Rocky Mountain Bighorn Sheep Location: Wyoming

Photo of two bighorn sheep rams by Robert Hitchman
© 2011 Robert Hitchman. All Rights Reserved.

Two Rams Posing

Nikon D300s| f/11 @ 1/640 sec. | ISO400

Rocky Mountain Bighorn Sheep live and thrive in the highest and most rugged mountain ranges in the western United States. Bighorns graze on high alpine meadows and avoid predators and humans by scaling precipitous cliffs. The first snows of winter bury their food supplies, so by October, bighorn sheep leave their summer meadows high in the Absaroka Mountains east of Yellowstone National Park to find snow-free grazing in the river valleys on the eastern side of the mountains.

When the first snows of winter start to fall on the Absaroka Mountains, herds of bighorn sheep come down into the Wapiti Valley to graze along the North Fork of the Shoshone River. It is located just a few miles west of Cody. It sits in the snow-shadow of the Absaroka Range and receives less snow than the Tetons and Yellowstone. Cody, Wyoming, is one of the best places in North America for wildlife photographers to find herds of wintering bighorns. You can easily fill several days taking slow drives along the North Fork Road, looking for and photographing bighorns. And with November being the mating season for these sheep, it is the best time to visit.

WInter landscape photo of Wapiti Valley in Wyoming by Robert Hitchman
© 2011 Robert Hitchman. All Rights Reserved.

Wapiti Valley

Nikon D300s| f/10 @ 1/400 sec. | ISO400

You’ll spot sheep licking salt crystals on the pavement—salt used to dissolve ice on the roads. Drive slowly and watch out for young ones in the middle of the road.

Be patient—they will come. Pull off the road and shoot landscapes while waiting for bighorns to appear. This is beautiful, majestic country, so take advantage of every photographic opportunity there is.

Small herds (15-20 sheep) can be seen grazing in fields along the road. They seem to be used to seeing cars pass by, but to avoid frightening them off, stop on the opposite side of the road and shoot through an open car window.

Photo of bighorn sheep family by Robert Hitchman
© 2011 Robert Hitchman. All Rights Reserved.

Bighorn Family

Nikon D300s| f/11 @ 1/640 sec. | ISO400

Photo of South Fork bighorn sheep ram by Robert Hitchman 
© 2011 Robert Hitchman. All rights reserved.

South Fork Ram

Nikon D300s| f/11 @ 1/320 sec. | ISO400

I attach a 24-120 mm zoom lens to my Nikon D40 digital SLR and hang the neck strap around the passenger-side headrest. If it sits on the passenger seat without restraint, it will go flying if I have to brake quickly for critters.

When shooting the bighorns, the subjects kept changing from wildlife to landscapes, to panoramas and back again. I would be constantly changing lenses if I didn’t carry two camera bodies, so I keep my tripod with legs extended, with the Nikon D300s and 70-300 mm lens attached, on the back seat.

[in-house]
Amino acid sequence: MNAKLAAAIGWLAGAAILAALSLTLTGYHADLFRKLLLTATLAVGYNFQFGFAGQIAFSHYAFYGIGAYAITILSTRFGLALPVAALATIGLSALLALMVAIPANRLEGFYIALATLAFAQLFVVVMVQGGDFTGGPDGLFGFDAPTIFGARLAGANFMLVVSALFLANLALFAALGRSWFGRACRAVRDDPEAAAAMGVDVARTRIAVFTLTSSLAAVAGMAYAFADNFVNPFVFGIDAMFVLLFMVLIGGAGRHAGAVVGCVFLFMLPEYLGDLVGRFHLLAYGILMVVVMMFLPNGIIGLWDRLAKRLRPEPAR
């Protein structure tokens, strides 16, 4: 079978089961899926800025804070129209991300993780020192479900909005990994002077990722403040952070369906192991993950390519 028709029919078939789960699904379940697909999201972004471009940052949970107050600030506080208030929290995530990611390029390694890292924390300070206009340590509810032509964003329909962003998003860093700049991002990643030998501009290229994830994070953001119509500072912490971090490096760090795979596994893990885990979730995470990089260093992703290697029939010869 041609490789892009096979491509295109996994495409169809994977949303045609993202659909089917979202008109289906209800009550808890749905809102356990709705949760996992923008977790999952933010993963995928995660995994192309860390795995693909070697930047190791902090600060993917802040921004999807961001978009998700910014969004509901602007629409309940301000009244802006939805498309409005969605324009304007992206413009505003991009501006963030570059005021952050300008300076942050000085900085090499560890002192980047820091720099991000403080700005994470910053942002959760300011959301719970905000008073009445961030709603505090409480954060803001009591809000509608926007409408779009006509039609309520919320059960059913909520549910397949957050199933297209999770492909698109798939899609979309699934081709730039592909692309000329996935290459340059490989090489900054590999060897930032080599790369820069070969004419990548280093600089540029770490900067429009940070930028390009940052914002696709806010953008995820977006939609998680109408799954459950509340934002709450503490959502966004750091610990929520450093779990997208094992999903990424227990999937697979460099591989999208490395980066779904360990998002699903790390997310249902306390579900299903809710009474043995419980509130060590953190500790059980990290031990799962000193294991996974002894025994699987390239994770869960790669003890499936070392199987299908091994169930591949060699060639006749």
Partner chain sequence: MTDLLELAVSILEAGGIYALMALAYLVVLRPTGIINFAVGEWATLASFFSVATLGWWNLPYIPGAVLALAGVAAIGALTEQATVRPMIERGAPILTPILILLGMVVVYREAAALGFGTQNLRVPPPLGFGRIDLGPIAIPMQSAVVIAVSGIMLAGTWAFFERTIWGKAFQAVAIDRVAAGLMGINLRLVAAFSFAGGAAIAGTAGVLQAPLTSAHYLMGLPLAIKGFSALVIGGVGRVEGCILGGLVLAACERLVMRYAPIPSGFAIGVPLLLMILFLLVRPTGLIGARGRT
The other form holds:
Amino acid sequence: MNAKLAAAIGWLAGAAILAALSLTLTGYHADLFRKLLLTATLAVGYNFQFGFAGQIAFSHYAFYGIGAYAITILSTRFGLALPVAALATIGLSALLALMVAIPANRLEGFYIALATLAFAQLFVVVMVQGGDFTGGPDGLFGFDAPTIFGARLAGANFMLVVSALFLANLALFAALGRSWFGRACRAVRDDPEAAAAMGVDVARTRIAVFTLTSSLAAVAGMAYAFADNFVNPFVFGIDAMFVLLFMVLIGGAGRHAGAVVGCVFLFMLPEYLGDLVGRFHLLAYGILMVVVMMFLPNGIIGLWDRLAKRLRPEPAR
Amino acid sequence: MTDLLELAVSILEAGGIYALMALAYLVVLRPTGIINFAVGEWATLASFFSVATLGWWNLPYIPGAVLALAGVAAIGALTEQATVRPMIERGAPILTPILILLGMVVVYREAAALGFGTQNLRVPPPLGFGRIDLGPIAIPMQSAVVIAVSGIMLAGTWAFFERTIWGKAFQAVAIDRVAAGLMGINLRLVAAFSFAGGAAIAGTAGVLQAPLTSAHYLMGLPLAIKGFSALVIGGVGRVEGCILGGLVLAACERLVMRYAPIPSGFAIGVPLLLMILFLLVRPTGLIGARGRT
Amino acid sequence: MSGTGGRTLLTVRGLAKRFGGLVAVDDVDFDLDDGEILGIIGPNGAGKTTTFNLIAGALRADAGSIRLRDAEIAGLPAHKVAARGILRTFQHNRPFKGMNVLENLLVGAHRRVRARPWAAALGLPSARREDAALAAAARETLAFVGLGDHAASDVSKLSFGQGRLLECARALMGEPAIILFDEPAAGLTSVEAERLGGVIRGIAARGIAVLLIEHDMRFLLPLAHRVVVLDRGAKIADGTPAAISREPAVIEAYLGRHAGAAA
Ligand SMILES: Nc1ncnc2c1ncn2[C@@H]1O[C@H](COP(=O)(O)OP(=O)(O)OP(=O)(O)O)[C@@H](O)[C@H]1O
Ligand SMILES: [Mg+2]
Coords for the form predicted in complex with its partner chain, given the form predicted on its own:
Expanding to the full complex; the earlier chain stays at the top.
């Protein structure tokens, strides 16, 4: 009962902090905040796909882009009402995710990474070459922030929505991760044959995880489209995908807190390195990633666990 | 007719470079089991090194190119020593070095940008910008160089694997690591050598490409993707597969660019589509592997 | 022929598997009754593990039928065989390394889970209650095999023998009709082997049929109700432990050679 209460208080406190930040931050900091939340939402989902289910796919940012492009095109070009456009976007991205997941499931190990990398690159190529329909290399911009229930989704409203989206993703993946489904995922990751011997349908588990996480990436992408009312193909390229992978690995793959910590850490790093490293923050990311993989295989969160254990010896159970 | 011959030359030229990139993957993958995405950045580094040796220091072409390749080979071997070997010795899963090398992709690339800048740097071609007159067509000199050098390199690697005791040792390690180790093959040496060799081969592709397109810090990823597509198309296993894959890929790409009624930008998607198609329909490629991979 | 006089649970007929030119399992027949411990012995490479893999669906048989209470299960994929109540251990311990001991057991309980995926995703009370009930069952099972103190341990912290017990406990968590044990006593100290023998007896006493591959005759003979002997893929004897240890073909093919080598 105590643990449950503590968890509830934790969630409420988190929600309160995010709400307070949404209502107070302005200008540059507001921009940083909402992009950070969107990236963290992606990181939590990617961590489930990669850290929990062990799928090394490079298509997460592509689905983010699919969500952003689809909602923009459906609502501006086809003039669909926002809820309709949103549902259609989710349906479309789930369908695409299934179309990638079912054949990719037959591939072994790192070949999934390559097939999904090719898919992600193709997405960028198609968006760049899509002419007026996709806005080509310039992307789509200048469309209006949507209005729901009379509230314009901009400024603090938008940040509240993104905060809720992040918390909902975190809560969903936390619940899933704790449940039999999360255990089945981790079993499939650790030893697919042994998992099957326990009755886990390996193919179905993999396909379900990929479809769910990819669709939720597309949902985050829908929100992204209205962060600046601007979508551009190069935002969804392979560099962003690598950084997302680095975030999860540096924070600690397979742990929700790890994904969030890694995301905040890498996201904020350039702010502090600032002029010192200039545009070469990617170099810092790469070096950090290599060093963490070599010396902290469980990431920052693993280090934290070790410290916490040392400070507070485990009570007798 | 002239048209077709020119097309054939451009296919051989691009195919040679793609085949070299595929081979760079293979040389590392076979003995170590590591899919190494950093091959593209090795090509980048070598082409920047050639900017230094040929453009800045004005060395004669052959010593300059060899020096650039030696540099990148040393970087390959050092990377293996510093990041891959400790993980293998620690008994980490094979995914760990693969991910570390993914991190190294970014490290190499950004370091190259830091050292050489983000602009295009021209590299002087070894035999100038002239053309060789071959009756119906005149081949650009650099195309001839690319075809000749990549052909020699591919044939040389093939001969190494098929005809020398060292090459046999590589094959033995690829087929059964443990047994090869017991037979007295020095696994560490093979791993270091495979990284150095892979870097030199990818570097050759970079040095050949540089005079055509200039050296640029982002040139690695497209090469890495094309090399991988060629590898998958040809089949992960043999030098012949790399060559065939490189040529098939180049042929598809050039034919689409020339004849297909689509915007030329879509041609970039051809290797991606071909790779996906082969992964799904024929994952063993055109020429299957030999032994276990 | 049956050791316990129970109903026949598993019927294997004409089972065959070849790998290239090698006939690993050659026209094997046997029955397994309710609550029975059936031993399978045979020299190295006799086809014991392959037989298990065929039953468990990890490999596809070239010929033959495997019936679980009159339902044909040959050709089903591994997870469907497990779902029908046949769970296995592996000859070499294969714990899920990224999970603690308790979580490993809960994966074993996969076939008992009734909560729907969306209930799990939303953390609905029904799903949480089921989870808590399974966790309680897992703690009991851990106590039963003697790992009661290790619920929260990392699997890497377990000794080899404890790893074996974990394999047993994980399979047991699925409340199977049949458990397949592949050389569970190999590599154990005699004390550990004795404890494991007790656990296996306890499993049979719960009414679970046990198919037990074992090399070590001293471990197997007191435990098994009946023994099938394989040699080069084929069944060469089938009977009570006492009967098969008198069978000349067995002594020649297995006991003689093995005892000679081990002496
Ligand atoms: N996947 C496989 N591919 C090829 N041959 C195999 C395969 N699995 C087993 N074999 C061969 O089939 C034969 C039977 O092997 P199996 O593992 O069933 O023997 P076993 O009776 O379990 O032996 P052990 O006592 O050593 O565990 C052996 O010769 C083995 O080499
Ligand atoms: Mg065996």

The power switches and the VR switches are always on, so I keep fully charged spare batteries warm inside my parka pocket.

I try to avoid excessive switching of lenses on my digital SLRs because of dust problems on the sensors. When the lenses are moved to a different body, I leave it there until it must be changed for a good reason.

Winter landscape hoto of South Fork road in Wyoming by Robert Hitchman 
© 2011 Robert Hitchman. All rights reserved.

South Fork Road

Nikon D300s| f/11 – 1/400 sec. | ISO640

You will see individual bighorns walking along the edge of the road. The North Fork Highway has narrow places where canyon walls rise directly from the side of the road, so watch for rocks that have fallen on the pavement. These are often dislodged by bighorn on the slopes above. Do take some time to pull off the road when you can and look up with binoculars or a telephoto lens. You will marvel at the agility of mature rams (weighing up to 200 lbs.) climbing almost straight up, while leaping from one tiny foothold to another.

A good, tight headshot of a mature ram, with a full curl of horns and a sharp catch-light in the eye, is what every photographer wants. When you are shooting a herd, wait for most or all of the sheep in your composition to turn their heads and look at you at the same time. Avoid tail shots and don’t shoot while they are grazing with their heads down in the grass.

Close-up photo of mature Rocky Mountain Bighorn ram in Wyoming by Robert Hitchman 
© 2011 Robert Hitchman. All rights reserved.

Mature Ram

Nikon D300s| f/11 @ 1/320 sec. | ISO400

If you love nature and wildlife, I would highly recommend a November visit to Wyoming.

by Robert Hitchman, Photograph America

All written content (and most images) in these articles are copyrighted by the authors. Copyrighted material from Apogee Photo Mag should not be used elsewhere without seeking the authors permission.

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